Weber Spirit II E-310 review: Weber's Spirit II E-310 makes grilling season a bit brighter

The Spirit II is similar to the $850 Weber Genesis II E-310. The Genesis II has a slightly larger cooking area, four wheels (compared to the Spirit II's two) and 37,500 total BTUs (compared to the Spirit II's 30,000 BTUs), but they are comparable in terms of performance, design, features and overall ease of use.

Assembling the Spirit II was easier with two people, but it wasn't difficult.

Chris Monroe/CNET

Gratefully, it was easy to install. At 114 pounds, it's one of the lightest grills we tested. Even so, it was easier to put together with help from someone else. It took my colleague, Molly Price, and I just over an hour to finish building the Spirit II. 

The meats

Now let's get to the good stuff. In terms of grill testing, I cooked ribs on low heat, whole chickens on medium indirect heat, and a bunch of burgers on high. We chose ribs, chickens and burgers specifically to see how each grill handled different temperatures.


For the ribs, I put a dry rub on a rack of pork ribs and let them cook on the warming rack on low heat. I used a probe to check the temperature after 3 hours and they were hovering close to 200 degrees Fahrenheit. The USDA suggests pork should be cooked to an internal temperature of at least 145 degrees to be safe to eat. 

After giving the ribs 10 minutes to rest, we gave 'em a try. They were tender and pretty juicy, but not falling off the bone. Next time I'd try cooking them on indirect low heat on the main rack to see if they'd be even more tender.


Not bad, Weber. Not bad at all.

Chris Monroe/CNET


I also grilled three whole chickens (in three consecutive tests) on medium indirect heat using the same rub from the ribs test. For these tests, I turned on burners 1 and 3 and left burner 2 in the middle of the grill off, per the user manual's suggestion. I placed each chicken on a small piece of foil in the center of the grill, directly over burner two (which, again, was turned off).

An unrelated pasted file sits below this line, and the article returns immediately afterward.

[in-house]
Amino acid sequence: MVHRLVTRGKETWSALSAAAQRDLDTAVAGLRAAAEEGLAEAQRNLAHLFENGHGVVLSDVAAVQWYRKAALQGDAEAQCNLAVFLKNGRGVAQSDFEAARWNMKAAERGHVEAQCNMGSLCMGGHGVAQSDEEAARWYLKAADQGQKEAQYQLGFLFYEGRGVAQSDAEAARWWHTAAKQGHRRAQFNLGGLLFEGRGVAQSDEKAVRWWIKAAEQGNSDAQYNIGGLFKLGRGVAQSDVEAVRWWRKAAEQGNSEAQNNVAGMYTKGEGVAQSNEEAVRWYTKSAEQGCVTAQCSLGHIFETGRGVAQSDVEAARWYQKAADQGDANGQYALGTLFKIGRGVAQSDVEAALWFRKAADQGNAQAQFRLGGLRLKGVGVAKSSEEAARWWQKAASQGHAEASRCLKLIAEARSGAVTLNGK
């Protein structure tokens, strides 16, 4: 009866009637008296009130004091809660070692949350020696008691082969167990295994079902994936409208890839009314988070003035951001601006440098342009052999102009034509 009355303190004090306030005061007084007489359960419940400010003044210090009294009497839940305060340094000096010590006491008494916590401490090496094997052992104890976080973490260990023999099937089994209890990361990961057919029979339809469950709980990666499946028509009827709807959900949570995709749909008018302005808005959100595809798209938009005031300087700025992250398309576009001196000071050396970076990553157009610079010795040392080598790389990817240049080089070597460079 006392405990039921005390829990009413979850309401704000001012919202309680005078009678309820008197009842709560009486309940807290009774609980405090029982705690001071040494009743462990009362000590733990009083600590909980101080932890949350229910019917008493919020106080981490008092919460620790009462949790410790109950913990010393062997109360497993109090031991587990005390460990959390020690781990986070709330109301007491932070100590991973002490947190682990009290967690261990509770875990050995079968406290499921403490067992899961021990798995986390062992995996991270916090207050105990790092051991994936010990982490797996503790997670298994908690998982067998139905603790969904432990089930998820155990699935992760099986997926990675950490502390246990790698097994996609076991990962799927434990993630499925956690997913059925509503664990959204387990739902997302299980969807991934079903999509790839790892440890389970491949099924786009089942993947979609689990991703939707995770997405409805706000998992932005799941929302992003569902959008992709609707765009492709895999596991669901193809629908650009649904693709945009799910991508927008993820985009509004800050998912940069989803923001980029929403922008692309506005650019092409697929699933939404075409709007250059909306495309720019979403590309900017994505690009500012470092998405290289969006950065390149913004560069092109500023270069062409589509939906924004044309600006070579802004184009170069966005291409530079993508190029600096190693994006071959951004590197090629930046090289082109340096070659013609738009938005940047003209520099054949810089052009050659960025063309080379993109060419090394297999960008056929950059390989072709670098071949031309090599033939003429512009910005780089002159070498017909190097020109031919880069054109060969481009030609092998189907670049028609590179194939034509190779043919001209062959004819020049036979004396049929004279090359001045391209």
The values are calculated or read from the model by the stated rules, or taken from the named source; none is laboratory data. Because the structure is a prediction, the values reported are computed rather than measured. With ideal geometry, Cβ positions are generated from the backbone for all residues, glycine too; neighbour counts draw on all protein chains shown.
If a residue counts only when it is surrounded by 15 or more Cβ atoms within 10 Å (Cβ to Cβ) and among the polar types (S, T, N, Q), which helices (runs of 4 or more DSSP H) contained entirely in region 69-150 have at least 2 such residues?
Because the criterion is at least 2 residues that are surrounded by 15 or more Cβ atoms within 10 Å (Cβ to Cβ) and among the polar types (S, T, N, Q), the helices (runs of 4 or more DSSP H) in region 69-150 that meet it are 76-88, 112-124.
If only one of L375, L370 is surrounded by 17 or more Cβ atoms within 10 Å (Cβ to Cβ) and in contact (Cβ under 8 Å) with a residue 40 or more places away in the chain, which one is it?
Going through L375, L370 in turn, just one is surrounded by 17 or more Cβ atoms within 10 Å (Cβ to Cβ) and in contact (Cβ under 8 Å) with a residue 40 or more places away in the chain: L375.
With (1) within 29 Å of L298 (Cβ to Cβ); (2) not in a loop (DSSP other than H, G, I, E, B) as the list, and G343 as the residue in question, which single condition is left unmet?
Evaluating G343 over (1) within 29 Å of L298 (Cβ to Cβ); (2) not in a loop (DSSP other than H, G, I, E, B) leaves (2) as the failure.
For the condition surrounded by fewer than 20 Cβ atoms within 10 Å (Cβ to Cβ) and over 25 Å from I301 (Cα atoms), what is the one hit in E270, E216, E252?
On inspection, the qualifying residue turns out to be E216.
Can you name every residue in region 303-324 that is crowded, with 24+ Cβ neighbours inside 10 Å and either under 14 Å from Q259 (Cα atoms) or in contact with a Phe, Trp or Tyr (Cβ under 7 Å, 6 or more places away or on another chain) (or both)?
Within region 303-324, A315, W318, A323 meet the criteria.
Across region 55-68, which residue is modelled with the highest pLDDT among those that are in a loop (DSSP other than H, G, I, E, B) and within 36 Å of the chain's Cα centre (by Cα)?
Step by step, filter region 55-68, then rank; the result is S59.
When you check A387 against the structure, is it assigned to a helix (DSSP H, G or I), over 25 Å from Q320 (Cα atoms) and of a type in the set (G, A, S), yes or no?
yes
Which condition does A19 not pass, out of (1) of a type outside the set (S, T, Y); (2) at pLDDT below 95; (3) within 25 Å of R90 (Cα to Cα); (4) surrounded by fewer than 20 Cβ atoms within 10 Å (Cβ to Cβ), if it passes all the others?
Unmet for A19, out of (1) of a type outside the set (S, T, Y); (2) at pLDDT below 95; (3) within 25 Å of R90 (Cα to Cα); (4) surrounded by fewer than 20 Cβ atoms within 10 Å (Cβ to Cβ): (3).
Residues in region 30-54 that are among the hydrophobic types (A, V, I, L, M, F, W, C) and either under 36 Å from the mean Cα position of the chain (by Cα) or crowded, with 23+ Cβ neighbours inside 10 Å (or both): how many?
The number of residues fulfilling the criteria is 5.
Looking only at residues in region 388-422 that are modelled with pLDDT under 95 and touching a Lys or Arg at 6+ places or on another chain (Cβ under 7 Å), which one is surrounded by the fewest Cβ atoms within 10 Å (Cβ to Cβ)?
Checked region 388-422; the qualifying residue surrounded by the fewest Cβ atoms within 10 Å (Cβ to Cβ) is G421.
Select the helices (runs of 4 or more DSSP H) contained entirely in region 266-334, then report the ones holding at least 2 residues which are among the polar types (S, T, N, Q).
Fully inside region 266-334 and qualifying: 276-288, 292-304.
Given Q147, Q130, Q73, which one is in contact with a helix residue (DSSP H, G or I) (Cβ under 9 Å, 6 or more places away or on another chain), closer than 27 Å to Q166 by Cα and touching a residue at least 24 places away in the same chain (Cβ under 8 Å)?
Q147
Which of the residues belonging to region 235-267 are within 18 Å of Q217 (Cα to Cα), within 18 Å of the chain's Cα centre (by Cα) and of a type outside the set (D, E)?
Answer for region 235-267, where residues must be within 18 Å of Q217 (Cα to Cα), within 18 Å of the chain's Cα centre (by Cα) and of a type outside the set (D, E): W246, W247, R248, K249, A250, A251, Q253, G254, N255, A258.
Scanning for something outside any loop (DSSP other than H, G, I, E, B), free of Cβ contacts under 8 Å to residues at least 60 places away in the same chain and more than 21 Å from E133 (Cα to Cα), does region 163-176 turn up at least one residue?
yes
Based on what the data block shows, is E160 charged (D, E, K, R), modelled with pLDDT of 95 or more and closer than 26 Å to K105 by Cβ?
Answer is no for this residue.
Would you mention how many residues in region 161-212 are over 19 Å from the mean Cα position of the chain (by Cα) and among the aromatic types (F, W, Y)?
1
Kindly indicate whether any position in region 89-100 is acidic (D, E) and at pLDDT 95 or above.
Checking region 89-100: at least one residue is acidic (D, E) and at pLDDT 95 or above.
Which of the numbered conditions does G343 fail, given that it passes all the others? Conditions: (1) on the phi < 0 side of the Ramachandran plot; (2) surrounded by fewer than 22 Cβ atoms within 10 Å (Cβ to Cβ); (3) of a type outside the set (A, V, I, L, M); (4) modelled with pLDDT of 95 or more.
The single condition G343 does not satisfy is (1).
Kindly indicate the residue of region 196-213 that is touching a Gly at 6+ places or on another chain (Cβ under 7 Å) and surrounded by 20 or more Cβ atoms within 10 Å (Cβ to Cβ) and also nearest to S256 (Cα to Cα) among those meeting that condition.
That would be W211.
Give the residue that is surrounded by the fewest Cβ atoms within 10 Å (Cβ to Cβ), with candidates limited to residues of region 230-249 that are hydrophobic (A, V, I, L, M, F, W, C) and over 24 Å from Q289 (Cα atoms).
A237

With help from two temperature probes connected to a datalogger, I was able to track the time it took for each chicken to reach an internal temperature of 165 degrees Fahrenheit. Like pork, the USDA has recommendations on food-safe cooking temps for chicken

Across the three chicken tests, they averaged 1 hour and 20 minutes to reach 165 degrees. That isn't a very long wait, but it's significantly longer than the Char-Broil Performance XL, which only took 1 hour and 11 minutes. My chicken was tender and somewhat juicy with somewhat crispy skin -- I even took some home for leftovers. But the speedy Performance XL blew it away with deliciously tender whole grilled chickens. 


Mmm. Chicken.

Chris Monroe/CNET


I cooked 36 5.3-ounce burgers in the name of grill testing -- six consecutive tests of six burgers each on high heat. Each time, I stuck a temperature probe in the middle of each burger and used a datalogger to see how long it took them all to reach 145 degrees. (Read more about the USDA's recommendations for cooking beef.)

The first three tests were a bust. Our testing process involves flipping the burgers six minutes into grilling, and that's hard with a temperature probe stuck inside each one. Grease from the burgers dripped inside the grill, causing sometimes-large flare-ups that caught me off guard. One of those times I dropped a burger, rendering the test invalid. The other two times, one of the burger probes fell out midflip amid flare-ups. Again, I'm pretty sure the Flavorizer Bars didn't provide much of an assist here. And if they did, I don't want to think about its flare-ups without them.

Tests 4, 5 and 6 went much better. My burgers were consistent across those tests and took between 15 and 17 minutes for every burger to reach 145 degrees. Since we measured each burger's temp, I could also see how long it took each burger to finish to determine if there were any obvious hot or cold spots in the grill. Fortunately, there weren't; each burger took between 12 and 14 minutes (on average) to get to temperature. 

Since we had to wait until every burger got to 145 degrees, many of them were more on the well-done side by the time each test ended. Even so, they had a nice char on the outside and were pretty tasty. That was generally the case across all of our grills, except for the Char-Broil Commercial Double Header. It didn't have as much of a char on the outside, but those burgers were closer to the medium doneness we were trying to achieve. 

Should you buy it?

I like the $599 Weber Spirit II. The thing is, most people will find more value in the $299 Char-Broil Performance XL. The Performance XL has more burners (including a side burner), it cooked more delicious food faster, and it costs a lot less. 

Some of the niche features, like the Spirit II's propane scale and its optional integration with the iGrill 3 smart temperature probe are really nice extras. Ultimately, though, they aren't worth spending three hundred dollars more ($400 more if you also buy the $100 iGrill 3). For most people, at least. 

Still, it's a pretty grill that stands out from all of the regular stainless steel cookers. But I wouldn't get one unless you're especially keen on its propane scale and optional temperature probe -- and nice range of color finishes to choose from.